Kombucha tea is a carbonated and fermented drink whose origins can be traced back to China during the third century B.C. This tangy tea drink is produced by combining oolong, black or even green tea with sugar, bacteria, and yeast to start a process of fermentation. The fermented tea is a popular beverage to boost energy, but when you’re breastfeeding or pregnant, it may not be the best drink for you. Drinking kombucha tea during pregnancy can actually even be hazardous.
Alcohol and Fermentation of Kombucha Tea
The process of fermentation produces alcohol levels in the tea that could be highly elevated. According to WebMD, certain kombucha tea creators have been brought to the attention of the U.S. Alcohol and Tobacco Tax and Trade Bureau (TTB) to modify their product due to high quantities of alcohol.
Cons of Kombucha Tea for Pregnant Women
CDC Says “Kombucha not safe for women”: It’s advised that healthy individuals consume just four ounces of kombucha tea each day. Two women died in 1995 after consuming more than what is now recommended. The Centers for Disease Control and Prevention (CDC) contend that there’s a link between the tea and the deaths. Because of the number of unanswered questions surrounding the tea and the associated deaths, the CDC says that those who are breastfeeding, pregnant or suffering from chronic health conditions abstain from consuming the beverage.
Fermented Foods Unsafe for Pregnant Women: The United States Department of Agriculture (USDA) routinely evaluates kombucha producers and haven’t found any pathogens during these inspections. According to the CDC, the risk of a pathogenic organism penetrating the tea is still a danger. With even the best safety measures, mold has been found on the tea during inspection time. The molds are usually not hazardous, but the danger still remains that they could prove dangerous.
Fetal Alcohol Syndrome: Unlike a lot of other drinks, kombucha tea continues to ferment even when the tea is done being bottled and placed on shelves. This shows that the alcohol levels can keep rising if it sits unopened for extended periods of time.
Potential Health Advantages of Kombucha During Pregnancy
In spite of the dire warnings from many world-renowned agencies like the CDC, the USDA and venerated medical sites like WebMD, a lot of pregnant women feel that the dangers of consuming kombucha tea do not outweigh the potential advantages. Kombucha tea has been thought to offer a number of health benefits during pregnancy for centuries, particularly during the initial trimester.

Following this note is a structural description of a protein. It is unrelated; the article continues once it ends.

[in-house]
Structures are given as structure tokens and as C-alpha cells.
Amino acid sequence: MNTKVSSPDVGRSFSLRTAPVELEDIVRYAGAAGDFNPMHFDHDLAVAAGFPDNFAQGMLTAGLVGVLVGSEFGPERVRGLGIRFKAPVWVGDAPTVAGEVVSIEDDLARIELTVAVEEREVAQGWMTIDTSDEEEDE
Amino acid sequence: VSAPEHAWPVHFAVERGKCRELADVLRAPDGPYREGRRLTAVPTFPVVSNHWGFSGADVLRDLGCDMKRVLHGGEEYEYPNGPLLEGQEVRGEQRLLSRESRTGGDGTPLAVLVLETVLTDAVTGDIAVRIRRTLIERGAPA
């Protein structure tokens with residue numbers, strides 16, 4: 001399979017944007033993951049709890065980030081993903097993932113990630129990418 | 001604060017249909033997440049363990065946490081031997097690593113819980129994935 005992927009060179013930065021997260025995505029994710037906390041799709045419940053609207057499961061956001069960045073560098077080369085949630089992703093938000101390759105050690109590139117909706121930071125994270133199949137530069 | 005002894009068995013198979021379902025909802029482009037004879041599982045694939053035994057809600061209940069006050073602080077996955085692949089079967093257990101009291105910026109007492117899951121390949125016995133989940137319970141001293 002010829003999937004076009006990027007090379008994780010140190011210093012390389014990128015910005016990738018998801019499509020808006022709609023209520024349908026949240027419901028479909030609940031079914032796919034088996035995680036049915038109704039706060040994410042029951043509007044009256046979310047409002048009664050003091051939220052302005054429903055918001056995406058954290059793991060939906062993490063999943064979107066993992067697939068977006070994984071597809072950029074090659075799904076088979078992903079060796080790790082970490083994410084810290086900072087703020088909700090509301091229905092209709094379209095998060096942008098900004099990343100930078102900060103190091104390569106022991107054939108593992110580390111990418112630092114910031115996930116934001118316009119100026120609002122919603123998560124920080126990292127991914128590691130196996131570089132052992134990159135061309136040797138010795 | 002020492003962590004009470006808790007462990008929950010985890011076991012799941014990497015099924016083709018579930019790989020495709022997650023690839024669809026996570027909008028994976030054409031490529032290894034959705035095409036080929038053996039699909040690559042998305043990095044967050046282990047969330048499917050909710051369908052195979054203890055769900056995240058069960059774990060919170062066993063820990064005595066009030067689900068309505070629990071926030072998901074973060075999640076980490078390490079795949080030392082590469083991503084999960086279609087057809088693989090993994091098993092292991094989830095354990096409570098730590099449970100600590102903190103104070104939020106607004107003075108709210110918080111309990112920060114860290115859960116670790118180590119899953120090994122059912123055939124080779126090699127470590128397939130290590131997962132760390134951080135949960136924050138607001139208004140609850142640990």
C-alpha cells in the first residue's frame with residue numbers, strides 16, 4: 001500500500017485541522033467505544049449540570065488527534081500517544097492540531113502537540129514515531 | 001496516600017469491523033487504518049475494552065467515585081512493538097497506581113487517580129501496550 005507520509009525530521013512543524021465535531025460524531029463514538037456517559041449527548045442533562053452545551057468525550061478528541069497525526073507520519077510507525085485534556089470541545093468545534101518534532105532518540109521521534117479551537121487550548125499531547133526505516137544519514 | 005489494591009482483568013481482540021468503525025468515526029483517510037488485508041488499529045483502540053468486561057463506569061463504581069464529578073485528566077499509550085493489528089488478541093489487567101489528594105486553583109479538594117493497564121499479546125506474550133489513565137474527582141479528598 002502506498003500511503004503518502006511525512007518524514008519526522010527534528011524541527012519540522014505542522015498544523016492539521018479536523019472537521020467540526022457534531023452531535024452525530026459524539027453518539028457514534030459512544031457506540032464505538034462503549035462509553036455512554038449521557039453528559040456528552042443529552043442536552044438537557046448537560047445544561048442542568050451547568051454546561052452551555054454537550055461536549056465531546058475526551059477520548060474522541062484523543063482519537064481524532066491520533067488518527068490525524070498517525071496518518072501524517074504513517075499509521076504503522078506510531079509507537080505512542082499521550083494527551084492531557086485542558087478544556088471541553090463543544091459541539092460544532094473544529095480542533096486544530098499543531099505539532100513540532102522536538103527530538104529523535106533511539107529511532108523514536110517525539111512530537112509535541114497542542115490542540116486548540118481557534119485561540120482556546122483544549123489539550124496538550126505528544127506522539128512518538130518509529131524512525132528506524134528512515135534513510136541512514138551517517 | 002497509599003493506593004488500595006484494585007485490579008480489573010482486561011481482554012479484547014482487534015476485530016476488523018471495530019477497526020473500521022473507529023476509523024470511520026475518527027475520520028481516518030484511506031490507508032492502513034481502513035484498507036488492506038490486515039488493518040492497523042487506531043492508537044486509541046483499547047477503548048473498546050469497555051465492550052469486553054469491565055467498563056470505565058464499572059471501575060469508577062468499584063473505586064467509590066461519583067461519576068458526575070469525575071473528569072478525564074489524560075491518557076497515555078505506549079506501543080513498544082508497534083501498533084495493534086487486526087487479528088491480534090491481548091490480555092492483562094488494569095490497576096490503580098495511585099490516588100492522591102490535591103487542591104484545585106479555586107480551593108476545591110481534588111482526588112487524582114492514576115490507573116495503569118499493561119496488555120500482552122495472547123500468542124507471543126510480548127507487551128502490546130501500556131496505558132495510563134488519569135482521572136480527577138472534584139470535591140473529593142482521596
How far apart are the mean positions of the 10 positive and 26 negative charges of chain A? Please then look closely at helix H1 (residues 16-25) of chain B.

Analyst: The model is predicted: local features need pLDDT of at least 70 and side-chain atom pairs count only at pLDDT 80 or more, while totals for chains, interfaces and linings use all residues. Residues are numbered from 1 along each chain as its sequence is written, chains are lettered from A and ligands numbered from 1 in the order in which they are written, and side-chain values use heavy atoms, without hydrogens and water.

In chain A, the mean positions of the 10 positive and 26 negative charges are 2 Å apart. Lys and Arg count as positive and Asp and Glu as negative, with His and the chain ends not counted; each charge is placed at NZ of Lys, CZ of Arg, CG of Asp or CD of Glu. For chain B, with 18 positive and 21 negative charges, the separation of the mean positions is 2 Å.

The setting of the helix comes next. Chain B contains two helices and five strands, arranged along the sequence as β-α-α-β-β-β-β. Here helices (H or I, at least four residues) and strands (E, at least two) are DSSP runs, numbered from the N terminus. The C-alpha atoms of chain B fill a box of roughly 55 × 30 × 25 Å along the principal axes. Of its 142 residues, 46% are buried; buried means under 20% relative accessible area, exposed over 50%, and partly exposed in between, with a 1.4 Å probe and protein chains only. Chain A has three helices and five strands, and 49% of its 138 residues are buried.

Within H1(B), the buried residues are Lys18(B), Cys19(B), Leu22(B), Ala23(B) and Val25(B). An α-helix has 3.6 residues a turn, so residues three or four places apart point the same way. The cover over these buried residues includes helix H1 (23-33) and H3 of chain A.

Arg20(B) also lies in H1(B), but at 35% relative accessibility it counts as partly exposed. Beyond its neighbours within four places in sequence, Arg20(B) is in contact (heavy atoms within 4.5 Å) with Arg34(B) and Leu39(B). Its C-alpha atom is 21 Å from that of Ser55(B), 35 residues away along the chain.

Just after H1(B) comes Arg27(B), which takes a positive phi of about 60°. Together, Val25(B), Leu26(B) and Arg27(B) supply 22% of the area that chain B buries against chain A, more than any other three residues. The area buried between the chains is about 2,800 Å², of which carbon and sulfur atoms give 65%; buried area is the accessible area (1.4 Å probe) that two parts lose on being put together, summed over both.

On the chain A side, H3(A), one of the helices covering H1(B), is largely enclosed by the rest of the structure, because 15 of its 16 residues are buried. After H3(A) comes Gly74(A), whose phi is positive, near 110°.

- Detoxify: A lot of the advocates behind kombucha feel that it helps eliminate potential toxins. The tea is also thought to help stop the body from taking in toxins.
- Boost: Consuming the tea is thought to offer a boost of energy through the increase of hemoglobin numbers and the improvement of oxygen supply in your blood. It also seems to prevent the intake of non-heme iron.
- Blood Pressure: Helps lower blood pressure, even when pregnant.
- Immunity: Kombucha tea holds high amounts of vitamin C, which has been proven to help promote immunity.
- Ulcers: When you drink it regularly, the tea is believed by many to lower the chance of the development of ulcers through the reduction of gastric secretions.
- Nervous System: It’s rumored to lower depression, nervousness, epilepsy attacks and headaches.
- Antioxidants: The tea is a potent source of rich antibiotics.
What Experts Say About Kombucha
“Kombucha tea is a drink that shouldn’t be consumed by lactating or pregnant women. If the immune system is quite fragile already, you’re not going to want to mess with something unpasteurized unless given the go-ahead from your doctor,” mentions a board-certified gastroenterologist, Dr. Chad Gonzales.
“After it gets put on store shelves, it keeps fermenting and this process of fermentation enhances the amount of alcohol. It increases to a level more than is allowed, which is .5 percent. It can grow to double or triple in certain cases. The public should be aware of what they’re buying,” Noel Rivers, a lawyer specializing in consumer protection, states.
Until more research is performed on the various health concerns of kombucha, the majority of medical experts recommend their breastfeeding and pregnant patients to stay away from the effervescent tea.